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Warnock, Walker look to defy history in next week’s Georgia runoff

First Read is your briefing from “Meet the Press” and the NBC Political Unit on the day’s most important political stories and why they matter.

WASHINGTON — If it’s Monday … It’s eight days until Georgia’s Senate runoff. ... GOP House Leader Kevin McCarthy faces a potential floor fight to become speaker. ... Rep. James Comer, R-Ky., criticizes Donald Trump’s dinner with Ye and white supremacist Nick Fuentes: “Well, he certainly needs better judgment in who he dines with.” ... Overall turnout in 2022 declined from 2018, but not in some key battleground states (where turnout was up). ... And President Biden visits with the American winners of the 2022 Nobel Prize.

But first:  Next week’s Georgia Senate runoff between Sen. Raphael Warnock and GOP challenger Herschel Walker will be the state’s ninth statewide runoff contest this century. 

And here’s what that runoff history tells us:

One, prior to Warnock’s and Jon Ossoff’s twin victories in 2021, Republicans had previously won all statewide runoffs going back to 2006. (Warnock and Ossoff broke that streak.)

Two, also prior to Warnock’s and Ossoff’s wins, the party deemed to be the big winner in the preceding general election — so Democrats in 2006, Democrats in 2008 and Democrats in 2018 — lost in the following runoff. (Warnock and Ossoff broke that streak after the party's presidential victory in 2020.)

Three, most of the time — but not always — the candidate who got the most votes in the preceding general election won the runoff. (The exceptions have been Chuck Eaton in 2006, Lauren McDonald in 2008 and Jon Ossoff in 2021.)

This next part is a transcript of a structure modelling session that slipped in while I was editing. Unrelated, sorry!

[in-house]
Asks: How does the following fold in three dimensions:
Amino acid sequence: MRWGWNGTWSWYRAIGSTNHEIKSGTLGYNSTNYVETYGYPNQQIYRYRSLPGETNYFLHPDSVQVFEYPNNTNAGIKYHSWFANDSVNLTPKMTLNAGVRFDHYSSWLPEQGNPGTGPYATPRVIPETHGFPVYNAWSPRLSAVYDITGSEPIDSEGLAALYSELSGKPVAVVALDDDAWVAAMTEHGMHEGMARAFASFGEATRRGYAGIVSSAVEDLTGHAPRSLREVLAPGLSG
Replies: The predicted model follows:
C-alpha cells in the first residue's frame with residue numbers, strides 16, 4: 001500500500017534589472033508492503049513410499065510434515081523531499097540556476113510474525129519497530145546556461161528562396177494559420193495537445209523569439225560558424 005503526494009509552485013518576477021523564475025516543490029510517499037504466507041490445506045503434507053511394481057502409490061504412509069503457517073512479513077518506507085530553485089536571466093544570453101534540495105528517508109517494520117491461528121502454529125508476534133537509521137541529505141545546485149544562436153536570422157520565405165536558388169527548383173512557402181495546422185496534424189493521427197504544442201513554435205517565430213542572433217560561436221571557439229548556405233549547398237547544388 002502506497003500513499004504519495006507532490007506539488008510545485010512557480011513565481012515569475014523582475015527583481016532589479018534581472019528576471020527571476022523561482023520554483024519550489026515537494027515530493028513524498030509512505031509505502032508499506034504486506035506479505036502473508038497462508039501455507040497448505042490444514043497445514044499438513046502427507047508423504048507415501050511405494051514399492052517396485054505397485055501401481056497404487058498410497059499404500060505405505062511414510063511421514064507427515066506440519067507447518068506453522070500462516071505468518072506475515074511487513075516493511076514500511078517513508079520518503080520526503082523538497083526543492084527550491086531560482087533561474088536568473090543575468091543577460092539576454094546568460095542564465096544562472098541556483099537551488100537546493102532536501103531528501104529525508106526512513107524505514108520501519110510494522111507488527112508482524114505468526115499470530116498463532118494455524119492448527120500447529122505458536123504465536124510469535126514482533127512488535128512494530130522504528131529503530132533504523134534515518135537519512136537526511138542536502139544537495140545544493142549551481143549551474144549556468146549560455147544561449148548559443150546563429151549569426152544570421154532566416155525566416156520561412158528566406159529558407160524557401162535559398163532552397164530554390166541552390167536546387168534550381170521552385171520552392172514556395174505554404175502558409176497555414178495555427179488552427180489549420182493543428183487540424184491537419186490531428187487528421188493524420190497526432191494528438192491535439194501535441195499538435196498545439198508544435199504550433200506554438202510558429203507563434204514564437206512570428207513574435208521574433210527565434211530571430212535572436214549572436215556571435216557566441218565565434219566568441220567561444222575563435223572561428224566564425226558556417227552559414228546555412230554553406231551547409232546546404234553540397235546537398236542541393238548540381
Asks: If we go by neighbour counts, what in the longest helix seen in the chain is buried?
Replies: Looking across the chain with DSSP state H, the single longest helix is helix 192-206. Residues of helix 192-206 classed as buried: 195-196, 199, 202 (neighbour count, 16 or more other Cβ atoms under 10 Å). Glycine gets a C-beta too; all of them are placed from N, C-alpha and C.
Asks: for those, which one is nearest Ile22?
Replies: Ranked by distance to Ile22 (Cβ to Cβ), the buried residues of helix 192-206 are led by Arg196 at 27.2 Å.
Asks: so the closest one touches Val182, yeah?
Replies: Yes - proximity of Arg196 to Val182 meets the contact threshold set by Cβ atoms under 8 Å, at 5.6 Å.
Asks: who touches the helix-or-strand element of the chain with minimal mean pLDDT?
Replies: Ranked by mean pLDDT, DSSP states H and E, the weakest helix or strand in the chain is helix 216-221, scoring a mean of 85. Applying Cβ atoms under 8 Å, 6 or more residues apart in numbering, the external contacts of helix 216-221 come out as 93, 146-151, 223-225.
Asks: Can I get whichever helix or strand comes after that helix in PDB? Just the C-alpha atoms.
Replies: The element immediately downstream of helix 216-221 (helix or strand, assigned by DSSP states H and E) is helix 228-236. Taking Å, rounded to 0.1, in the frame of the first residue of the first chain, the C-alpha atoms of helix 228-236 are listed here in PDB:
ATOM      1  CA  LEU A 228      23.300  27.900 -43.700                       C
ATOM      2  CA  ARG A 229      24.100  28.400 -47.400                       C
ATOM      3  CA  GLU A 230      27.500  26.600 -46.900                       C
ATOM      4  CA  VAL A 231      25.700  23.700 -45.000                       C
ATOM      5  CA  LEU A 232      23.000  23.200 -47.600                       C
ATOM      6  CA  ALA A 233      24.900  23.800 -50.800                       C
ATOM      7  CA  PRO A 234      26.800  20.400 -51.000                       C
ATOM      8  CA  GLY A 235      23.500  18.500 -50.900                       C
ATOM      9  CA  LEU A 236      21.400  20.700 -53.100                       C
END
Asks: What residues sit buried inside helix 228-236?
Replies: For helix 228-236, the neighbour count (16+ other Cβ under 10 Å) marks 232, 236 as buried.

Herschel Walker and Raphael Warnock
Herschel Walker and Raphael Warnock AP; Getty Images

And four, turnout — not surprisingly — has always declined from the general election to the runoff. (But it was down by less than 10% in 2021.)

Bottom line: The Georgia Senate runoffs of 2021 pretty much defied history, thanks in large part to Donald Trump’s chaos after his presidential loss. 

And next week, Warnock will once again be looking to defy the history of the GOP and the losing/underperforming party from the general election winning the runoff. 

While Walker will be looking to defy the history of the candidate getting the most votes in the general election usually coming out on top in the runoff (earlier this month, it was Warnock 49.4%, Walker 48.5%).  

Chart of the day: Decline in urban turnout

NBC News’ Dante Chinni found that while turnout in Michigan and Pennsylvania increased overall in 2022 compared to 2018, turnout in the states’ largest cities actually decreased

Data Download: The number of the day is … 110 million

That’s about how many people voted in the 2022 midterms, a slight decrease from 2018, which saw 115 million Americans cast ballots, per NBC News’ Peder Schaefer. Despite the overall decrease, turnout varied by state, and several states saw increases in turnout compared to 2018 — and they tended to be states where Democrats found success. 

New Hampshire, where Democratic Sen. Maggie Hassan won a hotly contested re-election race, saw turnout increase by 8.3%. Arizona, which saw a 7.8% increase, re-elected Democratic Sen. Mark Kelly and elected Democrat Katie Hobbs as governor. And in Pennsylvania, turnout increased 6.6%, and Democrat Josh Shapiro won the governor’s race, while Democratic Lt. Gov. John Fetterman flipped the state’s Senate seat.  

Read more about the turnout breakdown on the Meet the Press Blog. 

Other numbers to know:

100: How many years it’s been since a vote for speaker of the House went to multiple ballots, which could happen again as Minority Leader Kevin McCarthy struggles to win enough votes among GOP lawmakers, per NBC News’ Kyle Stewart and Scott Wong.

51: The average age of the three likely new House Democratic leaders — New York Rep. Hakeem Jeffries, 52; Massachusetts Rep. Katherine Clark, 59; and California Rep. Pete Aguilar, 43, of California. All three “will almost certainly be elected to the top three leadership slots this week without a challenge or much fanfare,” Wong writes.